To a generation of contemporary jazz guitar aficionados, Mike Stern is regarded as one of the true guitar greats of his generation. A player of remarkable facility whose searing lines are informed mainly by bebop and the blues while also carrying a rock-tinged intensity, Stern made his mark with Miles Davis in the early ‘80s before launching his solo career in 1985. Since then he has released 17 recordings as a leader, six of which were nominated for GRAMMY® Awards. His latest, Trip, is his first since recovering from a serious accident in the summer of 2016 that left him with two broken arms and nerve damage in his right hand that prevented him from even holding a pick. But Stern is back on top of his game, playing with typical authority and prodigious chops on this all-star outing, which features such longstanding colleagues as trumpeters Randy Brecker and Wallace Roney, saxophonists Bob Franceschini and Bill Evans (a bandmate of Mike’s in Miles Davis’ ‘comeback band’ of 1981), bassists Victor Wooten and Tom Kennedy and drummers Dave Weckl, Dennis Chambers and Lenny White.
Says Stern of the whole arduous journey that led to this triumphant comeback album: “Sometimes you have some bad stuff that’ll happen to you, but you kind of get through it and you realize that everybody has this stuff — good trips and bad trips. But you just gotta keep trying, you gotta get up and keep going as soon as you can, which I was able to do. I had to figure out a way to play. I don’t know what I’d do if I couldn’t play music. If you really want something bad enough, sometimes you have to fight for it; you find a way to make it happen. And now I have friends who I trust who tell me that they wouldn’t have noticed any difference in my playing if I hadn’t told them what happened to me.”
Born in Boston on January 10, 1953, Stern grew up in Washington, DC, then returned to Boston to study at the Berklee College of Music where he met and befriended fellow Berklee students like guitarists John Scofield and Bill Frisell, bassist Jeff Berlin, drummers Steve Smith and Vinnie Colaiuta. He got his first big break in 1976 going out on tour with Blood, Sweat & Tears, appearing on the group’s studio More Than Ever and live album In Concert that year and also on 1977’s Brand New Day. After touring and recording for two years with the popular rock band he was recruited by former Mahavishnu Orchestra drummer Billy Cobham for a stint in his powerhouse fusion band Glass Menagerie from 1979 to early 1981. Stern was subsequently recruited by Miles Davis and was part of the jazz legend’s celebrated comeback band (with bassist Marcus Miller, drummer Al Foster, percussionist Mino Cinelu and saxophonist Bill Evans), making his public debut with Miles on June 27, 1981 at the KIX nightclub in Boston (a performance documented on the 1982 live album We Want Miles). During his three-year period with Miles, Stern appeared on two other recordings with the jazz maestro – 1981’s Man with the Horn and 1983’s Star People. He later toured with Jaco Pastorius’ Word of Mouth Band from 1983 through 1985 then returned to Miles’ lineup for a second tour of duty that lasted close to a year.
In 1985, Stern made his recording debut as a leader with Neesh on the Japanese Trio label. A year later, he made his Stateside debut as a leader on Atlantic Records with Upside Downside, which featured such celebrated colleagues as alto saxophonist David Sanborn, tenor saxophonist Bob Berg, bassists Mark Egan, Jeff Andrews and Jaco Pastorius, keyboardist Mitch Forman and drummers Dave Weckl and Steve Jordan. In the summer of 1986, Stern took to the road with David Sanborn and later joined an electrified edition of Steps Ahead, which featured Mike Mainieri on midi vibes, Michael Brecker on the Electronic Wind Instrument (EWI), Darryl Jones on electric bass and Steve Smith on drums. That powerhouse fusion outfit was documented on Live in Tokyo 1986. Over the next two years, Stern was a member of Michael Brecker’s potent quintet, appearing on the tenor titan’s 1988 album, Don’t Try This At Home.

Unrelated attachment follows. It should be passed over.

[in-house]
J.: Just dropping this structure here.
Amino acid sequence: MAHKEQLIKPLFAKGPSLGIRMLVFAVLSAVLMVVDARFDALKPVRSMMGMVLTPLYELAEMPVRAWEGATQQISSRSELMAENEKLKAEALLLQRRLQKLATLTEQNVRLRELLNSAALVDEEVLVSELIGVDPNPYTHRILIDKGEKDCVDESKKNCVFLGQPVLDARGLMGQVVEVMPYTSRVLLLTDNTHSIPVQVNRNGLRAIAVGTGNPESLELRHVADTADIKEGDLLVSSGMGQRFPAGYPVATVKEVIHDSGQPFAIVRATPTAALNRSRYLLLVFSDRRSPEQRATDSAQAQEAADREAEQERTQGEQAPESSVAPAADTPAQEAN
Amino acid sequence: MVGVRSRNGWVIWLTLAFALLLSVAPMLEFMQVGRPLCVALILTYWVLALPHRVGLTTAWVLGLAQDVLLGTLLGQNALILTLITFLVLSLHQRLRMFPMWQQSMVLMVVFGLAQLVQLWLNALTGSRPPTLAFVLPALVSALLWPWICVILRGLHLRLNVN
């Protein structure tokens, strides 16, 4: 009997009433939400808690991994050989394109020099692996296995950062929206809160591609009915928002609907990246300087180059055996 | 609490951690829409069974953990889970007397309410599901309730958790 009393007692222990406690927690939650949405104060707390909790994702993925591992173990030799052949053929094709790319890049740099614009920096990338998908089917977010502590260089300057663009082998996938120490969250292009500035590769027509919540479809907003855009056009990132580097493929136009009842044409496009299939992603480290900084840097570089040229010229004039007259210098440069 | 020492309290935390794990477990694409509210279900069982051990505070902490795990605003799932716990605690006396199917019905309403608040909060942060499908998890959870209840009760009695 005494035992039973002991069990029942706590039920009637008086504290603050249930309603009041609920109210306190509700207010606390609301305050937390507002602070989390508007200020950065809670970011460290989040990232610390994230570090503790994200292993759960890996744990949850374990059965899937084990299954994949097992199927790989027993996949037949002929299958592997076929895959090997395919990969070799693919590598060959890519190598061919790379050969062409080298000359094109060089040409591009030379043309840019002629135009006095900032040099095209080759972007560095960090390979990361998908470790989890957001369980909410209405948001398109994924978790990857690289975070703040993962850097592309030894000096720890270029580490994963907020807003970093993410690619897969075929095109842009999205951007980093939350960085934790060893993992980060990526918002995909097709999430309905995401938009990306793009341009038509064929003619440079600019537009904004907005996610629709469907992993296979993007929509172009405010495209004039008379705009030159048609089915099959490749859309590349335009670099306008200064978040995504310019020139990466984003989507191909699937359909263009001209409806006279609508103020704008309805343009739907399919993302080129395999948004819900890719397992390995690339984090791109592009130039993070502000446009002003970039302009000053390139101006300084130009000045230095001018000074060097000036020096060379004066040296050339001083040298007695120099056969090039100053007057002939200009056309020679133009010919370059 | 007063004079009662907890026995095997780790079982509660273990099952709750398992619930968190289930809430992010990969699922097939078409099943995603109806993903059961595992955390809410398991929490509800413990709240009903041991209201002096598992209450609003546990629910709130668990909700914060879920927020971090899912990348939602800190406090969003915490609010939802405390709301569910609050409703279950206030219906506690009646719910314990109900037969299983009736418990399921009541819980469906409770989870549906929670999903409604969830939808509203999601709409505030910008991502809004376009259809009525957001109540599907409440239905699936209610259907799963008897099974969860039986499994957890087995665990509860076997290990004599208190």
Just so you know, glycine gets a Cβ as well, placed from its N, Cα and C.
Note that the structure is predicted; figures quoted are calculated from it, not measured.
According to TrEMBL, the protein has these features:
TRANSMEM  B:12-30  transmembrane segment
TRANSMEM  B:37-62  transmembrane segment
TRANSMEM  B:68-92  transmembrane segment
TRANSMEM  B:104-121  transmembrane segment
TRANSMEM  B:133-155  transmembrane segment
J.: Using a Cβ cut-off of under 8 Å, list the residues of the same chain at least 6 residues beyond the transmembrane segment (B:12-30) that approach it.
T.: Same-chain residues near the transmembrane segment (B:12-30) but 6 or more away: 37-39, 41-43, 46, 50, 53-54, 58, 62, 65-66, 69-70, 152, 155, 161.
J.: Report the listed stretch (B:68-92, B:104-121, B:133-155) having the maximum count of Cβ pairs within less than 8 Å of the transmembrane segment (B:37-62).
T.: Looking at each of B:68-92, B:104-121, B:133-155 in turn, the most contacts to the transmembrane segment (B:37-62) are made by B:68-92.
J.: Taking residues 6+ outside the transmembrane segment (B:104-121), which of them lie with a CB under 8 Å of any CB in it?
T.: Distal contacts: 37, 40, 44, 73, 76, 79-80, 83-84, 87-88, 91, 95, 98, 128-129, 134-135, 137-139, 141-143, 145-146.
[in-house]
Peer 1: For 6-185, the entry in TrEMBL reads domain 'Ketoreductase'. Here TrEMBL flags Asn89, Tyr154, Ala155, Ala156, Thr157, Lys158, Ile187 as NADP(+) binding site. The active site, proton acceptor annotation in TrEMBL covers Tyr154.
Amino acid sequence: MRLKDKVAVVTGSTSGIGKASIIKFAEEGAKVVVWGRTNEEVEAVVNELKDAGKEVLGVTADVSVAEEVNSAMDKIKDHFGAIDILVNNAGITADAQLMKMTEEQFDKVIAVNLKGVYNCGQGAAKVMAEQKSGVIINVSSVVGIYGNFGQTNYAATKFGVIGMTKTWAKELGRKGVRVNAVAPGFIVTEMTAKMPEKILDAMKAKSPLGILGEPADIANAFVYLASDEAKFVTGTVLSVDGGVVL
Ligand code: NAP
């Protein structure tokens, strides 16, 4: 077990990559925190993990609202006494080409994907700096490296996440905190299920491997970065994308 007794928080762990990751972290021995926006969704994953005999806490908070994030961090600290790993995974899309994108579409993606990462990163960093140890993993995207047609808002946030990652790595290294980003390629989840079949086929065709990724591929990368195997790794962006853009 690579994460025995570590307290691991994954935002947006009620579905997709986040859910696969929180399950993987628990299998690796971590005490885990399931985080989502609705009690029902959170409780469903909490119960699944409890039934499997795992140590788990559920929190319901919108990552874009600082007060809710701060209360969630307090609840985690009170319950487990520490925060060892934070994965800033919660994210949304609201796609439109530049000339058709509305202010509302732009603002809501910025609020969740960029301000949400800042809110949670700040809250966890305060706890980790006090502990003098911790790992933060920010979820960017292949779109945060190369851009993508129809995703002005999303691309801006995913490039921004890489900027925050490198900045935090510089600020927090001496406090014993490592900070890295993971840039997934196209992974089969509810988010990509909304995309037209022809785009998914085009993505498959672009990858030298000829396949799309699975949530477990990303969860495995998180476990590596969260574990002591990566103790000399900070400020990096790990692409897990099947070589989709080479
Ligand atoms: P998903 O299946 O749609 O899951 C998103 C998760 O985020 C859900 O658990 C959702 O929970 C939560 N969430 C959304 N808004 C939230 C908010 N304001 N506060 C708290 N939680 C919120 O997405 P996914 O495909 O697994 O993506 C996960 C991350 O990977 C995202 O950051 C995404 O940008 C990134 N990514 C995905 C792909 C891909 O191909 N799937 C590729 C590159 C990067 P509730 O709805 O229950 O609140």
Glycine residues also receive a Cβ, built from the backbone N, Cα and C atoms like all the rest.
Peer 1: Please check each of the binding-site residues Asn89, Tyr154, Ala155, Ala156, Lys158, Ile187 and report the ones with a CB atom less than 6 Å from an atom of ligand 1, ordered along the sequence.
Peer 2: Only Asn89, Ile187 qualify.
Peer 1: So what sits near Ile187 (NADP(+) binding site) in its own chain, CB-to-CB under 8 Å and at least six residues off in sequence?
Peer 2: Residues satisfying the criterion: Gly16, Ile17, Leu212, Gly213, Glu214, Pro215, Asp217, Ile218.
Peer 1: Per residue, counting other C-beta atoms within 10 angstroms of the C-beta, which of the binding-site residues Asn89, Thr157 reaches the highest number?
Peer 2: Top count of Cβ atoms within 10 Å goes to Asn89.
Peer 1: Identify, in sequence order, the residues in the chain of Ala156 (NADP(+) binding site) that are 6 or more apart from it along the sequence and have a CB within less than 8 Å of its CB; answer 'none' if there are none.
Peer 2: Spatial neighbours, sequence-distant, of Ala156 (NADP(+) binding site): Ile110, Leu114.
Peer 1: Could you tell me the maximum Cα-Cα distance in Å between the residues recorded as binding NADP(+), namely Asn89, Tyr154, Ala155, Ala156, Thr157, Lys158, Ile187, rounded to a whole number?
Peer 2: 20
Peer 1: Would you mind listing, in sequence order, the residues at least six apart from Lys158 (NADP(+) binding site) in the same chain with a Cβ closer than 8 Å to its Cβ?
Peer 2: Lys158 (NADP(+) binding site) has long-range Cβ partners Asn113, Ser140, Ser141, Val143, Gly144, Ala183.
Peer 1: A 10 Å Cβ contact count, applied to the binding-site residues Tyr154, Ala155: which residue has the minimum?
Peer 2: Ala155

Stern was presented with Guitar Player magazine’s Certified Legend Award on January 21, 2012.
On Trip, Stern shifts from his scorched-earth distortion laced licks on the title track and “Screws” to his patented fleet-fingered burn on the three swingers paced by Return To Forever Lenny White — the Rhythm Changes number “Half Crazy,” “Scotch Tape and Glue” (based on the changes to “On Green Dolphin Street”) and “B Train” (his quirky contrafact on “Take the A Train”). Elsewhere on this all-star outing, he shows rare sensitivity on his tender nylon string acoustic ballad “Gone” and on “Amelia,” which marks his second appearance on record as a vocalist (his first was on the lyrical tune “Wishing Well” from Electric, his 2014 collaboration with fellow guitar hero Eric Johnson). “Singing is kind of second nature for me,” says Stern. “I sometimes sing the melody when I’m writing a tune. I’ll be playing chords on the guitar and I’ll start singing a melody and then write it down. I got the nerve to do it from that record I did with Eric Johnson and I’m doing it more on the gig too. And it’s cool because I’ve always tried to get that more vocal sound on the electric guitar. So the two go hand-in-hand.”
Stern is definitely back on top of his game after months of struggle and uncertainty. And in typically humble fashion, he defers to his bandmates on this all-star session. “Everybody played their asses off on this record,” he says of Trip. “I was really happy with how it came out, because everybody just put so much love and energy into it. When I get to play with the caliber of musicians on this recording, I'm just glad to be part of the band.”